Women historically have had to work longer and harder in the workplace in order to achieve similar success to men. But that doesn’t stop intelligent, creative, and driven women from reaching their professional goals and breaking new ground. Not only have these individuals already reached great heights, but they are not done climbing.
#1 & #2: Alexandra Cavoulacos & Kathryn Minshew
Alexandra Cavoulacos and Kathryn Minshew are the duo behind career development platform, The Muse. Along with former partner Melissa McCreery, the women dreamt of a company that would be the “most beloved, trusted career destination in the world.” With a goal like that, how could we not put them on the list?
During Minshew’s own job search experience, she found the entire process to be both ineffective and uninspired. Her search results were often poorly aligned with her own experience, and she found that there was not much differentiation between the companies or positions. Searching for a job should be something more than that, something that can energize and motivate someone to take the next step in their professional career, and maybe encourage them to explore something new. Hence, The Muse was born.
These women are helping to shape the workforce as we know it, one person at a time. First, through partnerships with companies for a more transparent job search experience, as well as with modern and personalized career advice. Keep an eye on Minshew and Cavoulacos, because they are revolutionizing the career coach market. The more perfect job matches they make, the more change they help create in the world. And that’s one of the best reasons to be a woman to watch.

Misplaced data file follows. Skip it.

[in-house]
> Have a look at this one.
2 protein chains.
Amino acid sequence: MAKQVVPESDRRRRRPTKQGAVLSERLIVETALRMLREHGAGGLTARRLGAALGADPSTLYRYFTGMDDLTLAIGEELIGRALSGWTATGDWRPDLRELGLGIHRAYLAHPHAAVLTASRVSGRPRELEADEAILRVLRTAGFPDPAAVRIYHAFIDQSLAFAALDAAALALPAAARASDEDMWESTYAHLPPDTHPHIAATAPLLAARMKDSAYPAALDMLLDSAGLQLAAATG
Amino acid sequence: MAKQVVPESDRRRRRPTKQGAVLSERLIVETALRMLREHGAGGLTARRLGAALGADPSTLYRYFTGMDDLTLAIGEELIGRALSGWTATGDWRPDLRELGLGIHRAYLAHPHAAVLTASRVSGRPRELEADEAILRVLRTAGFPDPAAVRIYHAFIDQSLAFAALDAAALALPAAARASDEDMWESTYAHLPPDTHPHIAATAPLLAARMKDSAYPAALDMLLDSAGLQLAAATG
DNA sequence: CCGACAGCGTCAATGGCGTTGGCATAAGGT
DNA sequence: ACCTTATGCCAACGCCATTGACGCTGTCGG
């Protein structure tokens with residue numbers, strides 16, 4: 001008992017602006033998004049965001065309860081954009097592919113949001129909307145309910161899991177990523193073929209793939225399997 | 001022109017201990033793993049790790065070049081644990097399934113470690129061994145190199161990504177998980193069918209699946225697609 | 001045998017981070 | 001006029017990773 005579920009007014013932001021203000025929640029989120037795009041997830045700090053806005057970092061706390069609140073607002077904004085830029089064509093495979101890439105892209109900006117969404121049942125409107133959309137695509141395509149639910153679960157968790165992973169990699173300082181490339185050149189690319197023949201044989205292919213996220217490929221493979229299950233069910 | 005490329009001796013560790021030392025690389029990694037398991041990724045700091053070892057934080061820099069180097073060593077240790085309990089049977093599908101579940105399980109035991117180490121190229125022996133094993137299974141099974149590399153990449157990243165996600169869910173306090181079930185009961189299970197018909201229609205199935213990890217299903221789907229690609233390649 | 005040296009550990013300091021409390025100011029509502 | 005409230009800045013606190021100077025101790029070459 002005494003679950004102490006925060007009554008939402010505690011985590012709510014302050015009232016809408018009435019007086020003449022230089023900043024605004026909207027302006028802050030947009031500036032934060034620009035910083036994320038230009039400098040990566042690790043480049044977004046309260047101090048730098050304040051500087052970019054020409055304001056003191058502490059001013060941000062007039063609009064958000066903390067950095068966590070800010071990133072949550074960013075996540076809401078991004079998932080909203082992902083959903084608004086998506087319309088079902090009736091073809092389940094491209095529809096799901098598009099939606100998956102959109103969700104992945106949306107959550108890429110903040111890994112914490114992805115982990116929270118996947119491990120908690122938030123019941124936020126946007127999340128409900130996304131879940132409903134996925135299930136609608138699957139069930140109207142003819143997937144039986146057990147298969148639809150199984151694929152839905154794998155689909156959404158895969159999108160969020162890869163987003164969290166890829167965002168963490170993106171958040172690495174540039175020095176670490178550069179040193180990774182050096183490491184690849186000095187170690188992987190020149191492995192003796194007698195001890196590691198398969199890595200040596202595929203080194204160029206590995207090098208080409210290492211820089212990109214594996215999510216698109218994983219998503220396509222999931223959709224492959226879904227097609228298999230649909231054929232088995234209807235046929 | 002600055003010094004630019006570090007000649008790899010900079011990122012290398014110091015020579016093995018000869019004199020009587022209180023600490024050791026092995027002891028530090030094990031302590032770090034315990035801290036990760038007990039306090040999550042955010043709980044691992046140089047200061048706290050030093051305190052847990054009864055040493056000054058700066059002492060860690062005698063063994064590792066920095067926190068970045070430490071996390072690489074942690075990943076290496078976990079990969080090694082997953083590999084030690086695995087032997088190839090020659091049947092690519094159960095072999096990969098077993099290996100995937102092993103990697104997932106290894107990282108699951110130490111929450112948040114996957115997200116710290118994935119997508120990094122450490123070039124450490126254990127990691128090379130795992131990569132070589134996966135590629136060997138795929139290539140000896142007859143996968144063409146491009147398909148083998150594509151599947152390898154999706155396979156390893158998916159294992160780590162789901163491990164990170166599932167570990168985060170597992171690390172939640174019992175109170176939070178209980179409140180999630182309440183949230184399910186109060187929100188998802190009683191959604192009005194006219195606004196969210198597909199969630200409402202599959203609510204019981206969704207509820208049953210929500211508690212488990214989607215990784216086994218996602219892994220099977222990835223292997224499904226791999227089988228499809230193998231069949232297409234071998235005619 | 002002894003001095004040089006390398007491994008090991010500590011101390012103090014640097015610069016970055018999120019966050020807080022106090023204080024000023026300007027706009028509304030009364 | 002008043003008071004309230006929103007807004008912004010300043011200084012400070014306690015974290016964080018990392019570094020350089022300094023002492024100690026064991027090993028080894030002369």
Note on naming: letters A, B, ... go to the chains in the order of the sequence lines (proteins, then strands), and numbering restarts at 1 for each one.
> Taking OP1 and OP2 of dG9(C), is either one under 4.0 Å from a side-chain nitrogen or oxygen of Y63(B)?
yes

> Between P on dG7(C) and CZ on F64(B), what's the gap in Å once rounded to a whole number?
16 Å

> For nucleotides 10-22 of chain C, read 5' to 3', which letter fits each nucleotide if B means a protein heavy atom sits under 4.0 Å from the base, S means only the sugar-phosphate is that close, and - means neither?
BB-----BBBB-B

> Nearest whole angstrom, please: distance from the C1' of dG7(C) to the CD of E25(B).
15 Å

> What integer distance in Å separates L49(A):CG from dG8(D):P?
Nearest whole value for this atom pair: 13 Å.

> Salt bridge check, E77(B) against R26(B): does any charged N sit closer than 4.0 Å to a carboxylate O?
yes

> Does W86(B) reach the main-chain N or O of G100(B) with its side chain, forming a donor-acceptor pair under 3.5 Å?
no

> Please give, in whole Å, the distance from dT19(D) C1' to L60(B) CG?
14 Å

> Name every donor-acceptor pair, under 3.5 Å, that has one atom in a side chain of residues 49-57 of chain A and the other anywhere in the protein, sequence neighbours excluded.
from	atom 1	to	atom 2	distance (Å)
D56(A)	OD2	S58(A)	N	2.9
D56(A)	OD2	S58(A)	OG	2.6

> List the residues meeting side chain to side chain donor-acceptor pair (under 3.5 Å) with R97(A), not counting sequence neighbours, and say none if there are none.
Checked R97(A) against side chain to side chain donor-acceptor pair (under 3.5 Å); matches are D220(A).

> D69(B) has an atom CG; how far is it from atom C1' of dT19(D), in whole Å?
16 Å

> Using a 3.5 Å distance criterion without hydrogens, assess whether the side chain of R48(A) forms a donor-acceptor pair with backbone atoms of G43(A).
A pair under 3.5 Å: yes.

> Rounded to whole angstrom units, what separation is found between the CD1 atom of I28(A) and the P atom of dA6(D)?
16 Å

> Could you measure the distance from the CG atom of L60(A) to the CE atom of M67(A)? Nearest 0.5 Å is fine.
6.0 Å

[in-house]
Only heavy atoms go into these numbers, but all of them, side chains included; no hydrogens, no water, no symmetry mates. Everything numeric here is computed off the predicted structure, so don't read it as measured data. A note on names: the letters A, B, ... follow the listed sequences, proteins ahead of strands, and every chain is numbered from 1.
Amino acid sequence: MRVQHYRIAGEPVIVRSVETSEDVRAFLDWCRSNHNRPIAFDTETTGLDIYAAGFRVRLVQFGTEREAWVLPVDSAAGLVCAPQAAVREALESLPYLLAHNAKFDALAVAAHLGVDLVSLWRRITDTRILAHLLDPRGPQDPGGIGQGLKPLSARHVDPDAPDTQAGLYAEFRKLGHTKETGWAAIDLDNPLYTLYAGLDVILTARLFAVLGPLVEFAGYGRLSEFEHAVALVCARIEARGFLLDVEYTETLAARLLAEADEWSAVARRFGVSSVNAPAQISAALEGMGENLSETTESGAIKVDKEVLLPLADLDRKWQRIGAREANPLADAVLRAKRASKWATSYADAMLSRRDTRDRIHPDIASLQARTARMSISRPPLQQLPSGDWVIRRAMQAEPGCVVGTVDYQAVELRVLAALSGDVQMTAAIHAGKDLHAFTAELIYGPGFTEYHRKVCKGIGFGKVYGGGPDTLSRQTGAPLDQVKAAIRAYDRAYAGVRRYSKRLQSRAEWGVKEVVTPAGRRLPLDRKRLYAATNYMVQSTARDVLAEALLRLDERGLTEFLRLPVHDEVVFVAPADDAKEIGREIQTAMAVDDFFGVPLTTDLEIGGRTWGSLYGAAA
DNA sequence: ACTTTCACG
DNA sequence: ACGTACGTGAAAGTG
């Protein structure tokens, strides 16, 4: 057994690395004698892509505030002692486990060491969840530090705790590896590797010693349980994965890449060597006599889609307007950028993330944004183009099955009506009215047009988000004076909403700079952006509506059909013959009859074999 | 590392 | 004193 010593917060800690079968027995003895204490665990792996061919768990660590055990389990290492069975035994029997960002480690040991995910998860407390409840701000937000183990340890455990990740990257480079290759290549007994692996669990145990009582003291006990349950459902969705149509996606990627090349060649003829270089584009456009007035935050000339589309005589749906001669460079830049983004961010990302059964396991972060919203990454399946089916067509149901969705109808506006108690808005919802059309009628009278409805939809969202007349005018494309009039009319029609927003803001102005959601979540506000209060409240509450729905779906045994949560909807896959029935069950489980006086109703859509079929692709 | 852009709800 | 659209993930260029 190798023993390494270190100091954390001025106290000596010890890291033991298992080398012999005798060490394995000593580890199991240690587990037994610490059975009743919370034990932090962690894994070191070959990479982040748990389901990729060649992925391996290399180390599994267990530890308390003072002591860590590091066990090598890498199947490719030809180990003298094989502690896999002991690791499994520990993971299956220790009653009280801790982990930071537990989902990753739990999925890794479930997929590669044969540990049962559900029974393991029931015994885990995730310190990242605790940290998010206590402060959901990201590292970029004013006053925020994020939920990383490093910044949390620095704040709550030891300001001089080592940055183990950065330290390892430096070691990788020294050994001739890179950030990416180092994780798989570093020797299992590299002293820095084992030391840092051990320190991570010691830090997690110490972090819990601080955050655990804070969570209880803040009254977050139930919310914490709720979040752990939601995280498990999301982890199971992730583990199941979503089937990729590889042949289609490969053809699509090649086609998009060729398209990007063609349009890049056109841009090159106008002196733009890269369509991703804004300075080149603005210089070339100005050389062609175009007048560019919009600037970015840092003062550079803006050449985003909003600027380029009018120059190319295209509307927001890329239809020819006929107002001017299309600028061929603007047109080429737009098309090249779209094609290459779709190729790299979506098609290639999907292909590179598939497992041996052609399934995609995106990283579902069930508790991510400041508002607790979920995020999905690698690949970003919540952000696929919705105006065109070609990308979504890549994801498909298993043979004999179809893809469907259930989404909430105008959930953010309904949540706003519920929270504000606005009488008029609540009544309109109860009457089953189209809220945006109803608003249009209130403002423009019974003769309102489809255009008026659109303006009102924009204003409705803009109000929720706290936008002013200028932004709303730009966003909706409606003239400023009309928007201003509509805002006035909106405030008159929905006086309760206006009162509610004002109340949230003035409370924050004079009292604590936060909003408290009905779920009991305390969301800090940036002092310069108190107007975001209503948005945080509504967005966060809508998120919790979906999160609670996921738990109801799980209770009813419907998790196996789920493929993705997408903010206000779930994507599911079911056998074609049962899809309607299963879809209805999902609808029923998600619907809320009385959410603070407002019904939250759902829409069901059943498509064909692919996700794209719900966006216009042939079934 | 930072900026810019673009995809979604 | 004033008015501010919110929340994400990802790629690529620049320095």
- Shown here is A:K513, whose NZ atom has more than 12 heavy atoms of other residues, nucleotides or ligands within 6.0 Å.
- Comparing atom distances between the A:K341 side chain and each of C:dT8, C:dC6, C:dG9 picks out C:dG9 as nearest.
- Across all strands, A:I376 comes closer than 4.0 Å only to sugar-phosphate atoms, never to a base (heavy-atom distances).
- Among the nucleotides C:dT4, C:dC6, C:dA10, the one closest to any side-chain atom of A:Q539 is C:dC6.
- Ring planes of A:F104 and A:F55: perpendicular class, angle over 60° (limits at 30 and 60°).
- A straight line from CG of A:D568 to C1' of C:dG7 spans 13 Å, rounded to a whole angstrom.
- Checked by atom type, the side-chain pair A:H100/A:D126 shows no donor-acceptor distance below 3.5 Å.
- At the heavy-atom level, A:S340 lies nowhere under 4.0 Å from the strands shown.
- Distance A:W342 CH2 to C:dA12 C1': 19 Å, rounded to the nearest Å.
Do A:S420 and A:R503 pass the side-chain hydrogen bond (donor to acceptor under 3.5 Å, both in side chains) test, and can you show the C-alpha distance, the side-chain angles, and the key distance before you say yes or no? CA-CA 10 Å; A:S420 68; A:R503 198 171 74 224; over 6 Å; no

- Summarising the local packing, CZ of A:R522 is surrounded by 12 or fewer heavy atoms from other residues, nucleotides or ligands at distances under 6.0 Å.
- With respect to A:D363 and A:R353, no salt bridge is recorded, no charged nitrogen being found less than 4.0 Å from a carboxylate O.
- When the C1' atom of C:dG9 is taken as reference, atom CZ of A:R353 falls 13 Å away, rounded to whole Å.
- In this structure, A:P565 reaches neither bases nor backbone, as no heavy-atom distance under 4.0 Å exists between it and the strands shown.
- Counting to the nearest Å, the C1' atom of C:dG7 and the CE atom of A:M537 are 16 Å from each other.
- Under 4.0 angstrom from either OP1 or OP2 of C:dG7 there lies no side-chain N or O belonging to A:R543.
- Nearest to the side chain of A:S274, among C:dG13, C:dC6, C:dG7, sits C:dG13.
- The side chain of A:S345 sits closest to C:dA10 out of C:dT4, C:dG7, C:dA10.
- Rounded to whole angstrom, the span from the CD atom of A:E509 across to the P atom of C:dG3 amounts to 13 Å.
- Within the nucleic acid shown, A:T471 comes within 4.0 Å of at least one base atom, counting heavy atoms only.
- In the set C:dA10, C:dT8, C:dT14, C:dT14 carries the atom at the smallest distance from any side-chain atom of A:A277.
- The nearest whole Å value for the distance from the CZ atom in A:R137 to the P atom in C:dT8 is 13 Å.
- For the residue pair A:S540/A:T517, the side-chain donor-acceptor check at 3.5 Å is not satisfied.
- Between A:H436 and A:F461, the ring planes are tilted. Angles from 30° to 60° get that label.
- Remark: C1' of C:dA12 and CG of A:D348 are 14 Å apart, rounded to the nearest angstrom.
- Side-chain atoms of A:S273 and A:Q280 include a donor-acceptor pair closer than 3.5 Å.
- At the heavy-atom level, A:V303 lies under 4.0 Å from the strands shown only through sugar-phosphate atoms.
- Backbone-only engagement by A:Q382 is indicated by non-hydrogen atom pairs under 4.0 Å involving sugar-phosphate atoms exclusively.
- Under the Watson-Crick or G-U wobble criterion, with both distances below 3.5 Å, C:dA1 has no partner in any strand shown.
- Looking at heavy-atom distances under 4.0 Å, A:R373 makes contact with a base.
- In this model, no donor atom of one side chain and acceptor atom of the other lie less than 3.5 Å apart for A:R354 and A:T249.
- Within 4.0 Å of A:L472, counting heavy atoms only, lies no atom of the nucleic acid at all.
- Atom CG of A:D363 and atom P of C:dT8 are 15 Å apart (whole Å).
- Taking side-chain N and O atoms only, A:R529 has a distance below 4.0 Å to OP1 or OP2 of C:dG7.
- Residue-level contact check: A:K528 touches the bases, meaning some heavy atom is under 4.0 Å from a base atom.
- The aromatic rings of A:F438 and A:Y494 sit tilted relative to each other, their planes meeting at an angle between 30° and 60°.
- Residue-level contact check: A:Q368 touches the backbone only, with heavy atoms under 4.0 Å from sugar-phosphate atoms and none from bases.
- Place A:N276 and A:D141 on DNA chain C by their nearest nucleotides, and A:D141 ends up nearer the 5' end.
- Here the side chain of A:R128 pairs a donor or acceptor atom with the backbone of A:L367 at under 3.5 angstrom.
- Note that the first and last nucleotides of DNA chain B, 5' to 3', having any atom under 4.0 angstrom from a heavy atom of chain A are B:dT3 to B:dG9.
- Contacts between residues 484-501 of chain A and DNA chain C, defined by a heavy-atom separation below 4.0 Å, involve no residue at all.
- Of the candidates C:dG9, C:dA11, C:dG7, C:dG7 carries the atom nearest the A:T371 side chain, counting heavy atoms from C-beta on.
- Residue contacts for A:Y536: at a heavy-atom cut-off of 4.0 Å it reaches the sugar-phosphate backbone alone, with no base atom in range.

#3: Iman Oubou
Iman Oubou is the founder and CEO of SWAAY Media, a company that provides career advice to “women who dare.” Launched in 2016, SWAAY Media advises women on how to balance professionalism with glamour. Those issues run deeper than one might think, especially in the time of #MeToo and #TimesUp.
Oubou’s social media initiative #SwaaytheNarrative shines a light on important issues like sexism in the workplace, especially in small business and startup culture. The campaign began after a flood of responses she received following an op-ed she wrote for Harper’s Bazaar, describing harassment she experienced at a meeting with a male potential investor.
“I realized then that my story was not the only one and that we had to build a narrative campaign to change the message and to start to erase sexist stereotypes,” Oubou told Ozy.com. #SwaaytheNarrative includes stories from 20 established professional women who have overcome stereotypes in their careers.